Though many associate the birth of jazz music with the city of New Orleans, its origin may be a bit more ambiguous. Like many other musical forms, jazz evolved over a period of years. Many believe its evolution took place over decades. It’s widely agreed, however, that jazz music as we know it today was born in the southern United States. It is also accepted that it developed from a variety of different influences, culminating in a style that became its own genre.
Jazz’s major influence probably came from African slaves brought to the United States in the 1800s. In fact, African music influenced many styles of music, including rock and roll. The form that evolved into jazz consisted specifically of call-and-response singing, syncopation and improvisation. Ragtime, which may be considered a precursor to modern jazz, drew upon many of these elements.
Ragtime music originated after the emancipation of African slaves. The newfound freedom of slaves was bittersweet. Though freedom was deserved and appreciated, there were few job opportunities for freed slaves. Many had no means of self-support, and some simply stayed on with their former owners. Others supported themselves through musical performance. Often, this meant performing in dubious locations, like brothels and minstrel shows.
It was these types of venues that gave rise to ragtime, which enjoyed a brief period of popularity in the late 19th and early 20th century. Talented ragtime musicians like Scott Joplin were generally recognized much later for their contributions to modern jazz.
Though ragtime only graced the music scene for a few years, it influenced what would become referred to in 1915 as jazz music. While the actual origin of the term is uncertain, the name stuck. Cities like New Orleans have since become synonymous with jazz. This is not necessarily because it originated there, but because its musicians have added a distinct flavor to jazz music. Dixieland jazz bands still largely dominate the musical culture of New Orleans. Thanks to modern artists like Louis Armstrong, Winton Marsalis and Miles Davis, Dixieland-style jazz continues to enjoy mainstream popularity.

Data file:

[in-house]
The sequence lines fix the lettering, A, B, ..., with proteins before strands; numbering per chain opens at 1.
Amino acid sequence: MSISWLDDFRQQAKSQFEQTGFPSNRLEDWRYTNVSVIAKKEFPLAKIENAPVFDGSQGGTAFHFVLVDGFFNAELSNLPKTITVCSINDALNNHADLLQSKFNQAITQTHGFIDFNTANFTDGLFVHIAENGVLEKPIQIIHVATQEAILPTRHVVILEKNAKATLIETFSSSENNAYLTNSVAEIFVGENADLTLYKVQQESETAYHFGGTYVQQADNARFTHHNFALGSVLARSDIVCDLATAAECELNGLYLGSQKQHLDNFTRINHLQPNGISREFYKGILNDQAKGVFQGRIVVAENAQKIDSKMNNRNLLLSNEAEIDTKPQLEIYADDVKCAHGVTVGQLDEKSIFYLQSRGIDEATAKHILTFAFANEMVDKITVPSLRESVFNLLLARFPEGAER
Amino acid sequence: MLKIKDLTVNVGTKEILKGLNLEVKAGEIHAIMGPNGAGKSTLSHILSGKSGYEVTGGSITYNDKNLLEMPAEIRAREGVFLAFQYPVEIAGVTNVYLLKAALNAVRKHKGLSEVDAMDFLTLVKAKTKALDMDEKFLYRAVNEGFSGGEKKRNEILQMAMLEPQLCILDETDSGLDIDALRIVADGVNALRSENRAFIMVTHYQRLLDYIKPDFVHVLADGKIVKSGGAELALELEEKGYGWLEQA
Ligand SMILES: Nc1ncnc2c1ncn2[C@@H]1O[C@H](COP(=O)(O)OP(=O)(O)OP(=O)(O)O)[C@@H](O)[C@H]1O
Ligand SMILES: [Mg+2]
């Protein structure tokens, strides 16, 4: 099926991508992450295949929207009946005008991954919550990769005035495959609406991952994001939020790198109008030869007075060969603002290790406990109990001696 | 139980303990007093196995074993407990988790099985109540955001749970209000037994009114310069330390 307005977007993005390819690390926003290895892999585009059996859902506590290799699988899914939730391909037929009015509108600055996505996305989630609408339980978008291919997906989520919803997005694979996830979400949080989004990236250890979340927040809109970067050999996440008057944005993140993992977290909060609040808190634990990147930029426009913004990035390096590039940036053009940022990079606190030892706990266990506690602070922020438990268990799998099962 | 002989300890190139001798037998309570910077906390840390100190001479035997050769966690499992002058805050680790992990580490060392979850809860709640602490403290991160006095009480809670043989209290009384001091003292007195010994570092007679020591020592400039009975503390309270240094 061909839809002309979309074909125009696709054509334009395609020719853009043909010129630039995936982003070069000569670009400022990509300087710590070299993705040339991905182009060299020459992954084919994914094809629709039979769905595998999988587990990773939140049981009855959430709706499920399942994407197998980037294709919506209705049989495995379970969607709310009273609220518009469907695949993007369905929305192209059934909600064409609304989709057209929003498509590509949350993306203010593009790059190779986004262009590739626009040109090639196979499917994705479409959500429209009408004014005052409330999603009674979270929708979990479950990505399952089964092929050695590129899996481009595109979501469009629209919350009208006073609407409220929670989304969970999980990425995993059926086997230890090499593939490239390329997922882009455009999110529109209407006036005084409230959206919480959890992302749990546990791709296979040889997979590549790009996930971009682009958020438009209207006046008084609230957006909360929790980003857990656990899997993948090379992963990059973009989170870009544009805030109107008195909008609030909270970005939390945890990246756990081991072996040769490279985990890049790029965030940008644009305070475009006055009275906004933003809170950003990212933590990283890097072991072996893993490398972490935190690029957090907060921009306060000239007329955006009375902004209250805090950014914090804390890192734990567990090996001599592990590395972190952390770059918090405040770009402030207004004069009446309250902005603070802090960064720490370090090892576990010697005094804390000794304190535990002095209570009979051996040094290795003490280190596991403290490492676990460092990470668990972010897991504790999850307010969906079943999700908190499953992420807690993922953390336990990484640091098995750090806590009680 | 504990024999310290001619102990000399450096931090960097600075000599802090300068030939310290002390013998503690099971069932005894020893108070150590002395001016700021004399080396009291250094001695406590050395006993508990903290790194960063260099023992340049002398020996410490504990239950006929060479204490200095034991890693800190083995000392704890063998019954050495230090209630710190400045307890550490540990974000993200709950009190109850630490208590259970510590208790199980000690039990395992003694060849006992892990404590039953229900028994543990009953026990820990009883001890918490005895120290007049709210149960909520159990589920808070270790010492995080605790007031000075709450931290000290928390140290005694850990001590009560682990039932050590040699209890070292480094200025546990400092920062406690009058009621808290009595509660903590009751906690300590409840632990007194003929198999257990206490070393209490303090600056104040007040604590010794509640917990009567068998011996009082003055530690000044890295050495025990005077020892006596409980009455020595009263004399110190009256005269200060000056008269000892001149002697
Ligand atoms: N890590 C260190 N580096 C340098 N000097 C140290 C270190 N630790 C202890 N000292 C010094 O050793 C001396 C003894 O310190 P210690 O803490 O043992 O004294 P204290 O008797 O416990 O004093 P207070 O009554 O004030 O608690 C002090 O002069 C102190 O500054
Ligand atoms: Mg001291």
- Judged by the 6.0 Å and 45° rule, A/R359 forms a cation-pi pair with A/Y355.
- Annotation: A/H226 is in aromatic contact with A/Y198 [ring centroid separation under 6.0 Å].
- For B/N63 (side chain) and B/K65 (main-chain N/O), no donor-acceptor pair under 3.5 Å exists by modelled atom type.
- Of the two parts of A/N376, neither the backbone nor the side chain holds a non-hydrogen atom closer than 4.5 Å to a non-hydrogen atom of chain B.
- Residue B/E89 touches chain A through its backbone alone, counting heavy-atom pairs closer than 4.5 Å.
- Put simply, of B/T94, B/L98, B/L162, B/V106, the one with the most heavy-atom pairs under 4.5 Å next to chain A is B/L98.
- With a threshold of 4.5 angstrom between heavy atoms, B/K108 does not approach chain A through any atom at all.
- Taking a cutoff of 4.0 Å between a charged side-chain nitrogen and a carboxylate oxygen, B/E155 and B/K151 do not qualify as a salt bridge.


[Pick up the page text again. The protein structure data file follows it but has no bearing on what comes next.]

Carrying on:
Once jazz music became labeled as such, more variations developed. Swing was one of those, which saw its height in the 1930s. Swing greats like Count Basie, Benny Goodman and Glenn Miller are still covered by today’s musicians. Although swing isn’t the genre it once was, it still has a big following today.
Because of its early association with brothels and speakeasies, jazz music had a stigma to overcome in its early years of development. Eventually, jazz became an accepted art form. Today jazz is embraced and taught as its own branch of music.
Jazz music is most distinguished from other musical forms for its reliance upon improvisation. The best jazz musicians have gained notoriety for their ability to play without the aid of written music.
They are able to make up music on the spot and off-the-cuff. It’s entirely possible for a song to be different every time it’s performed. This may be one reason that jazz fans believe that the most talented of the world’s musicians are not classical musicians, but purveyors of jazz.
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